Happy Mardi Gras! You may be an active participant of this celebration, or you may also be like me and not really know where this day comes from.
On March 3, 1699, two French explorers named Pierre Le Moyne d’Iberville and Sieur de Bienville landed near present-day New Orleans, Louisiana. They had a celebration where they landed with their ships and called their landing place “Point du Mardi Gras”.
However, Mardi Gras has much deeper roots than that. It all started as a way for Christians to prepare for Lent. People would eat all of the foods they had in their homes that they would be fasting from in the weeks to come. This celebration followed those two French explorers to America on their expedition, but when the Spanish took control of Louisiana, celebrations were banned until Louisiana became a state in 1812.
In 1827, a group of college students in New Orleans donned colorful costumes and recreated the festivities they saw while they were visiting Paris. This became the first recorded Mardi Gras parade in the US. In 1857, a secret society of New Orleans businessmen called the Mistick Krewe of Comus, organized a torch-lit parade, complete with marching bands and rolling floats, which set the tone for the festivities we have come to love today. Other lasting traditions include throwing beads and other small trinkets and treasures, wearing masks, decorating floats, and eating King Cake; a braided cake, laced with cinnamon, and topped with icing colored with purple, green, and gold. There is also a small plastic baby in the cake, and the most popular tradition says that whoever receives the baby in their slice of cake has to supply the cake the next year, and possibly host the party.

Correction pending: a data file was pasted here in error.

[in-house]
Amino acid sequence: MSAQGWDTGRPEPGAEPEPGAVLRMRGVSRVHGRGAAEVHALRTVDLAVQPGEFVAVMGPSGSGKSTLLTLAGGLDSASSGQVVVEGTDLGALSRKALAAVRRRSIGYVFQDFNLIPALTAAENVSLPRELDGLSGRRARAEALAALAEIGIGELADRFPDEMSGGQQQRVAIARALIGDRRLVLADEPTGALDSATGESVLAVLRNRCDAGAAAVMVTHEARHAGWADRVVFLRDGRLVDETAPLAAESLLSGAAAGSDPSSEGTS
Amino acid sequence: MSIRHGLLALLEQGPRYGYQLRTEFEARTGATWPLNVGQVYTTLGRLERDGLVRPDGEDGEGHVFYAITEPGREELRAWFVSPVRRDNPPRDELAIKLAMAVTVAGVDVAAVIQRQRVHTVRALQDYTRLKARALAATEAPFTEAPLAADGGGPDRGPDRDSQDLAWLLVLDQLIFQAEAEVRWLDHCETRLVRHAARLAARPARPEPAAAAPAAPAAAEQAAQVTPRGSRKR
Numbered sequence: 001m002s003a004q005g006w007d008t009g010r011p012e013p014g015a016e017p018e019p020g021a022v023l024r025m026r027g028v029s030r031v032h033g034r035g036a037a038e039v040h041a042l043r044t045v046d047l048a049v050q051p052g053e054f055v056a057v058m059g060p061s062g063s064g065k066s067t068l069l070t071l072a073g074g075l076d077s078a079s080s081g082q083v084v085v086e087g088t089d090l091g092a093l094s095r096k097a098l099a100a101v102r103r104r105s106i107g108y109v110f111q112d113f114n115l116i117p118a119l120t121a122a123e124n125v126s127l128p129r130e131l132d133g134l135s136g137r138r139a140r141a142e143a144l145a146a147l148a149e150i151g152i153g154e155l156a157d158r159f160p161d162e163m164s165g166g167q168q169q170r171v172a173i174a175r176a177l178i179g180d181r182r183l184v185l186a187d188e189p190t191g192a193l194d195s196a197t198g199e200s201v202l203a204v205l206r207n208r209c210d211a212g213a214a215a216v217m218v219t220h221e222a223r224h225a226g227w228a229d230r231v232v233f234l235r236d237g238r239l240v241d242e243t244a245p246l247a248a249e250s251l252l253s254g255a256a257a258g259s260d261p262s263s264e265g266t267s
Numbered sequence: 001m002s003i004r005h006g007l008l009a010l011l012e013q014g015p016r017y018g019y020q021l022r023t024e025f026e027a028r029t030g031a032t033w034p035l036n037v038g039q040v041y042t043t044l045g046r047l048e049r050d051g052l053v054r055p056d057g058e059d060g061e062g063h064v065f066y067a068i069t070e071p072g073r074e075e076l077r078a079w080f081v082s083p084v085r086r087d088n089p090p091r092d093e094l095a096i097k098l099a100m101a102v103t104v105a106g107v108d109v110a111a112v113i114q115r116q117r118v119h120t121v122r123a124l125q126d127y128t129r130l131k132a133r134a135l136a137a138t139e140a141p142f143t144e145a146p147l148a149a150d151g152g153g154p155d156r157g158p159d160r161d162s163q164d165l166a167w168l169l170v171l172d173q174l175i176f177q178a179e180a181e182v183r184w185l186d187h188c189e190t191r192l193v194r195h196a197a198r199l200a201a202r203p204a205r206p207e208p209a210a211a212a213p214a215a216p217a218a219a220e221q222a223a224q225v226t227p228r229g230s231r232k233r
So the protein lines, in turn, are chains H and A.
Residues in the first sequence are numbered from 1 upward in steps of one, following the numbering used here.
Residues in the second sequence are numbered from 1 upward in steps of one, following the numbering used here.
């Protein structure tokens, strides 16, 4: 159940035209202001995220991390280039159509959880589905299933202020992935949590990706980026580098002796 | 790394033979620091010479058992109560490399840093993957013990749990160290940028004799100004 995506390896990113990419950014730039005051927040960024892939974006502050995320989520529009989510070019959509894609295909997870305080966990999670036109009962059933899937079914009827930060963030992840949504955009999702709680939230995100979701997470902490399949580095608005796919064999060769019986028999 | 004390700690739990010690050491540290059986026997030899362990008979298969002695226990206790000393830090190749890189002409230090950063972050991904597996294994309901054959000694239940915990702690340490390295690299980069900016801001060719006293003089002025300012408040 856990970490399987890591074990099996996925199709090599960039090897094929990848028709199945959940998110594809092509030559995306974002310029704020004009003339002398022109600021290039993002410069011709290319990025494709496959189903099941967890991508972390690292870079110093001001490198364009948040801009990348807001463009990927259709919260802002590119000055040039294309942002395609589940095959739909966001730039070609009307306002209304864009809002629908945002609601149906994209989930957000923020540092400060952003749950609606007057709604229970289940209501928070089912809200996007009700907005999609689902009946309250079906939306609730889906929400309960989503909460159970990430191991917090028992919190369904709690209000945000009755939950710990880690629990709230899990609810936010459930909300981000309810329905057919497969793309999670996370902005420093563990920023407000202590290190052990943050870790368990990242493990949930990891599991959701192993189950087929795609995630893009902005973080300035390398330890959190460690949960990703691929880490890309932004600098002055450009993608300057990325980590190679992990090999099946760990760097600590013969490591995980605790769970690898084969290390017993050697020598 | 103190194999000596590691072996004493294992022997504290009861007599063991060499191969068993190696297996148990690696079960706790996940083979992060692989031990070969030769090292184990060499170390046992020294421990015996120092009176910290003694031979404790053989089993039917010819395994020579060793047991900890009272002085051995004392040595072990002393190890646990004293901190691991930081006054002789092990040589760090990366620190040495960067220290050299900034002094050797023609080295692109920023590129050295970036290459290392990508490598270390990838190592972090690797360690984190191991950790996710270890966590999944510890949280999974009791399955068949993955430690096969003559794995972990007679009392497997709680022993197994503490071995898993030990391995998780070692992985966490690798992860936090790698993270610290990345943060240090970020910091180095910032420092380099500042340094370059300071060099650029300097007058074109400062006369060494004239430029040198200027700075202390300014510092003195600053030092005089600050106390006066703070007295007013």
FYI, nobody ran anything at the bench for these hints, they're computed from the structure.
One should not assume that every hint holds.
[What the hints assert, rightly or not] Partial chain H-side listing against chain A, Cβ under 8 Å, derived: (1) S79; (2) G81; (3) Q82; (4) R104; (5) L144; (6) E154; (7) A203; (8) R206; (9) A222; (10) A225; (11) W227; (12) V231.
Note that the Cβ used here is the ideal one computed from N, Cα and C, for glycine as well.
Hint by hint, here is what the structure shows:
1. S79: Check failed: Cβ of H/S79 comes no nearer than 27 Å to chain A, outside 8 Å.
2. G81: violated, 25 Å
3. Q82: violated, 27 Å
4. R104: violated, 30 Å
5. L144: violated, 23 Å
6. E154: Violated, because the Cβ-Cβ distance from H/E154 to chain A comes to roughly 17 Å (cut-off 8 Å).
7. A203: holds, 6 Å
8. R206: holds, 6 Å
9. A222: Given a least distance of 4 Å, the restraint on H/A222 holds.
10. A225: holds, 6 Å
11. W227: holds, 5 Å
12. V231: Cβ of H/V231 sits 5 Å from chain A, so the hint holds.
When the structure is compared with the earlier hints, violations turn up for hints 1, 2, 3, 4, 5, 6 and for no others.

The words Mardi Gras literally translate to Fat Tuesday; people would binge on rich, fatty foods, and it is celebrated the day before Ash Wednesday, which signals the start of Lent. The signature colors of Mardi Gras- purple, green, and gold- come from the Rex Krewe, which is one of the longest lasting Krewes of Mardi Gras.
Mardi Gras is only a legal holiday in Louisiana, but many areas around the world celebrate the holiday and, in some places, the festivities last as long as an entire week.
Locally, Jefferson, Texas is our hub for all things Mardi Gras. This year marks the 30th anniversary of the Krewe of Hebe. The theme of the celebrations for this year is “Games People Play” and it is all kicked off on Friday, March 1 at 7pm with the Krewe of Hebe’s Doo Dah Parade and a live band on the main stage. Events will be going on all weekend until Sunday night, with live music, parades, a children’s carnival, and the historical Jefferson riverboat tours and historical museum.